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Superhero Movie Review Critics


Dave White Profile

Go if you like … people being bonked on the head Read full review

Other Critics provided by

Critics scores range from 0 to 100, with higher scores indicating more favorable reviews.

  • 2.0

    out of 100

    Generally unfavorable reviews
    based on a weighted average of all
    critic review scores.

  • 40

    out of 100

    The Hollywood Reporter Frank Scheck

    By-the-numbers screen parody fails to resurrect an increasingly tired genre.

    Read Full Review

  • 42

    out of 100

    Entertainment Weekly Owen Gleiberman

    Seems to have been given the comedy equivalent of blood thinner. It has the blazing satirical boldness to skewer the first Tobey Maguire Spider-Man -- and, amazingly, not much else.

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  • 50

    out of 100

    Los Angeles Times

    The very act of writing critically about Superhero Movie inspires something of an existential crisis -- no one likely to turn out for it is reading this review, and anybody reading this review is probably not inclined to see it under any circumstances.

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  • 50

    out of 100

    Variety Dennis Harvey

    Given the abysmal quality of recent spoof pics, it's saying something that Superhero Movie provides a fairly steady stream of midsized laughs -- and even the 40% or so of gags that just lie there aren't actively painful.

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For Families provided by Common Sense Media

Iffy for 14+

Tiresome, generic spoof is all about crude humor.

What Parents Need to Know

Parents need to know that this broad spoof (which was written and directed by the writer of two of the Scary Movie comedies) features crude sexual humor, repeated pee and fart jokes, and violent slapstick. Sexual allusions focus on women's breasts, adolescent male lust, and bodily functions. The effects of the movie's violence are minimal and meant to be funny, though viewers do see bloody injuries and bodies being broken, wood-chipped, and burned. Language includes one use of "f--k," plus other profanity (primarily "s--t"), and there are visual or verbal mentions of hash, vodka, and a bong.

  • Families can talk about the "typical" superhero story elements that the movie mocks. What characters and plots twists do you recognized from other, "real" superhero movies? Why do you think these elements are repeated in so many superhero movies, comic books, and TV shows? Why do superhero stories have such lasting appeal? Families can also discuss how the movie uses girls and women as objects of humor. Is that kind of thing OK when it's being played for laughs? Why or why not?

The good stuff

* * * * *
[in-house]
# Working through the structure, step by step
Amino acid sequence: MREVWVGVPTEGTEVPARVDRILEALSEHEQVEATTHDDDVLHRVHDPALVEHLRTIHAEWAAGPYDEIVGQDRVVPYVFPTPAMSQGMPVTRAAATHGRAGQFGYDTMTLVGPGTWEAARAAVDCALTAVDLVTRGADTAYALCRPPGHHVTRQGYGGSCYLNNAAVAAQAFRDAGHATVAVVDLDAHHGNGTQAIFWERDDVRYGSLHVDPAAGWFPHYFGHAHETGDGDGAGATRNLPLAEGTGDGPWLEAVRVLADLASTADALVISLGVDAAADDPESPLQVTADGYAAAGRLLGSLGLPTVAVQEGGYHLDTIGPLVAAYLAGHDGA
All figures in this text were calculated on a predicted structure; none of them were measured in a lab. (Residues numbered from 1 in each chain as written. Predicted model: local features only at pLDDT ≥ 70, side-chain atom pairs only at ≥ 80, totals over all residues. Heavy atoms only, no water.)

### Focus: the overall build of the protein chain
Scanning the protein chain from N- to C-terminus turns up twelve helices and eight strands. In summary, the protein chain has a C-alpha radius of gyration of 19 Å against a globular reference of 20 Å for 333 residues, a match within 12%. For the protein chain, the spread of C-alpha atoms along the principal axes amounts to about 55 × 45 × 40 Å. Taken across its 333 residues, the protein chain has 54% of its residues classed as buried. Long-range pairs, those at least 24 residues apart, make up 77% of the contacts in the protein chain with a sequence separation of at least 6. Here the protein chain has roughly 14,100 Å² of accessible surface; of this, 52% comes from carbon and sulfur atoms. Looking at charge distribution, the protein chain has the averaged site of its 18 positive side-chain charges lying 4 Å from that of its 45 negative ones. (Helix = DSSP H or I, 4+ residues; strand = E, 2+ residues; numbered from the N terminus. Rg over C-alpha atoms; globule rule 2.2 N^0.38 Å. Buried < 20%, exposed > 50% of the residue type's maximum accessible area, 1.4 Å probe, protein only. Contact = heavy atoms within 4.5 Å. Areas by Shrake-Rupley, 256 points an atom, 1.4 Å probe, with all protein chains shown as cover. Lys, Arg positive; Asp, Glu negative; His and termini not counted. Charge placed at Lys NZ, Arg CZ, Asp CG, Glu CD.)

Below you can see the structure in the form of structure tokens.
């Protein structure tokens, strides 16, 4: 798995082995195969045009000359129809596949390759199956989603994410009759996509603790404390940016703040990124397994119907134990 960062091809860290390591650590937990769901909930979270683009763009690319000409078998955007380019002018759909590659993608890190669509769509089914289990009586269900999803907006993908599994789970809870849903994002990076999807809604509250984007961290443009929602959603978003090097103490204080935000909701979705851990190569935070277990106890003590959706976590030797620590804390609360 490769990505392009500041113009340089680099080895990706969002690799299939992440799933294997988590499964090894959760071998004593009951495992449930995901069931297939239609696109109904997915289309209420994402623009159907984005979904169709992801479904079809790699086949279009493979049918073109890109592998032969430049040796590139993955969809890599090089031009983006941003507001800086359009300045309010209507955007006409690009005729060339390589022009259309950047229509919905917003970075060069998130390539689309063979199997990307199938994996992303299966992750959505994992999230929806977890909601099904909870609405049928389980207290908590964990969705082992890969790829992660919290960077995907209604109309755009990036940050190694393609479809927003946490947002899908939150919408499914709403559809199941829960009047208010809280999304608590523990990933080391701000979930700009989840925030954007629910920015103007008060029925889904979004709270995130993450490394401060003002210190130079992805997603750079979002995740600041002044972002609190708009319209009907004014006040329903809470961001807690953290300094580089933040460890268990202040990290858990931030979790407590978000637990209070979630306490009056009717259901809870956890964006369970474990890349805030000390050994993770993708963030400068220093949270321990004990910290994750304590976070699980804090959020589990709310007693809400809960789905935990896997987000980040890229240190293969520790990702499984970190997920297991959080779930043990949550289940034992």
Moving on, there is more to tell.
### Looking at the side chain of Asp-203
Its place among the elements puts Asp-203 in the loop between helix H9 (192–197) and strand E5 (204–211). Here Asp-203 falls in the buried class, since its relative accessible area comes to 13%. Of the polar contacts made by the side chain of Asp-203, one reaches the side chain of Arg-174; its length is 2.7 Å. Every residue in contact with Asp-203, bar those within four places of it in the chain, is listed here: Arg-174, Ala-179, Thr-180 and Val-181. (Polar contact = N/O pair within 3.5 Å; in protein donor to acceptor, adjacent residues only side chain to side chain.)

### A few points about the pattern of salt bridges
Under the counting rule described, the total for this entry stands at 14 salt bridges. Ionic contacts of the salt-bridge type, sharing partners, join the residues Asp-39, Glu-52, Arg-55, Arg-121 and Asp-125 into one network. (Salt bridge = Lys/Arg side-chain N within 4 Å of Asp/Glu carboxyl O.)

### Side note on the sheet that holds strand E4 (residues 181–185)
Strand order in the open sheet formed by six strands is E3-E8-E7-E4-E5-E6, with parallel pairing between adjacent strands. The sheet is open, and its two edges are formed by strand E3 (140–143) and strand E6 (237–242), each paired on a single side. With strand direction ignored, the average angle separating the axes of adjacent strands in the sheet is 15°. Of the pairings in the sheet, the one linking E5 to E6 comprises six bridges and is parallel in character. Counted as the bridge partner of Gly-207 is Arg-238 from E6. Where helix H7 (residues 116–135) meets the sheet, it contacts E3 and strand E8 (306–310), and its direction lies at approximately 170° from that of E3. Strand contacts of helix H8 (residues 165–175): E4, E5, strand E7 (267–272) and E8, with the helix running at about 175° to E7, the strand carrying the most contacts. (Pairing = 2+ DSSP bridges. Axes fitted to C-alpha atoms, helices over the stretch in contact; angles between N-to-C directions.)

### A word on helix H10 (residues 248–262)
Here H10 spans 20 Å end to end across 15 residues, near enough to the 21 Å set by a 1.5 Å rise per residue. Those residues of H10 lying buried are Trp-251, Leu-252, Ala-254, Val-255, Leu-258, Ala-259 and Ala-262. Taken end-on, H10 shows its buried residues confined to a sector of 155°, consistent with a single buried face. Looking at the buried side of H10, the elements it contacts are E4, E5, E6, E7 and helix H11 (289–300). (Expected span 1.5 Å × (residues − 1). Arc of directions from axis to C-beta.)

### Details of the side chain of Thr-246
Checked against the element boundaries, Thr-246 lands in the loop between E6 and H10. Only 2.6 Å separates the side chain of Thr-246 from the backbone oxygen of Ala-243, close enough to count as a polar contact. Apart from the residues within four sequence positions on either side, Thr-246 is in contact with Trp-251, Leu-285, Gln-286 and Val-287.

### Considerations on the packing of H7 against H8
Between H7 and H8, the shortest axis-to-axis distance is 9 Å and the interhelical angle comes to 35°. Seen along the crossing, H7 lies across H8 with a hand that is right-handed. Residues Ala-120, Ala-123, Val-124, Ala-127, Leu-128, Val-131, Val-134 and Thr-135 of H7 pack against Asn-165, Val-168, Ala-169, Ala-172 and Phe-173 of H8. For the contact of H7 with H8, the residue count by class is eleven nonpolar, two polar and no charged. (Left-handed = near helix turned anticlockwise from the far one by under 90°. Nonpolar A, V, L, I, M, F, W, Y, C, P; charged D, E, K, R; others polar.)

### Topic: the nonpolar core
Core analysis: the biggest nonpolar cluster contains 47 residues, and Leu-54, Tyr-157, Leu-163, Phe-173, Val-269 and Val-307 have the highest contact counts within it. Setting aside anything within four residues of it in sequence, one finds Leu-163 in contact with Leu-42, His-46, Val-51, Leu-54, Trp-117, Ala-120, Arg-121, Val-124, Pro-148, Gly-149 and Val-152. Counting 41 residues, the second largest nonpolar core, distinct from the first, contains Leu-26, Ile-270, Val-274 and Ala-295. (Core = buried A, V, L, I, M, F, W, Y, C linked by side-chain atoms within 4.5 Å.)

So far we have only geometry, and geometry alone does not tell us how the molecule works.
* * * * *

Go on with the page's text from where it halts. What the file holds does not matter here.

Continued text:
• message true0

    Messages: Pointedly stupid characters make pointedly wrong decisions; villain and hero are equally vulgar. Stereotypes are repeatedly played up for laughs. Rick's dead father appears in a photo wearing Ku Klux Klan robes.

What to watch for
  • violence false3

    Violence: Various fights involve punching, kicking, bruising, slamming bodies into/through walls and glass, and banging heads against surfaces (walls, bars). Rick is slammed by a bus stop sign; an old woman is tossed into a chipper (legs visible, no blood). Weapons include titanium stars, automatic weapons, and handguns (in a flashback, young Rick accidentally shoots his parents multiple times). References to suicide. "Barry Bonds," demonstrating steroids' effects, appears monstrous, with red laser eyes. "Tom Cruise" is killed when he attempts to fly (photo of corpse in news report). Blinking bomb attached to crotch. Flying hero hit by helicopter.

  • sex false3

    Sex: Jill shows cleavage repeatedly; Pamela Anderson shows major cleavage. Rick watches as Jill appears in her window, removing one bra and showing another beneath, then donning a literal string for a thong (not shown). Jokes about computer porn (goats, questionnaires), sex with animals (Rick is "jumped" by lab animals). In two scenes, men appear to be having sex with corpses. Woman tells her husband he has a "tiny penis." Uncle tells Rick that in puberty, "You may bleed from your vagina" (then realizes he's reading from the "wrong book"). Mention of circumcision. "Medical" Web site asks Rick if he's a virgin. "Stephen Hawking" tells students he thinks about sex, describes his "lesbian" nurse. Reference to Hooters. In a rainstorm, both Jill and Rick's nipples appear beneath their wet costumes. Aunt stuffs turkey with items that simulate sex. "Dalai Lama" stripped to diaper.

  • language false3

    Language: Language includes one use of "f--k," plus other profanity, "s--t" (one with "dip-"), "son of a bitch," "hell," "damn," "ass" (with "dumb-"), "c--k," and "p---ies." Repeated use of the term "douche-bag" (in lyrics and speech).

  • consumerism false0

    Consumerism: Not an issue

  • drugsalcoholtobacco false3

    Drinking, drugs and smoking: "Stephen Hawking" offers high school students hashish. A doctor injects himself with painkiller (he faints). Aunt puts vodka in Thanksgiving turkey. Rick uses a bong to inhale cake frosting.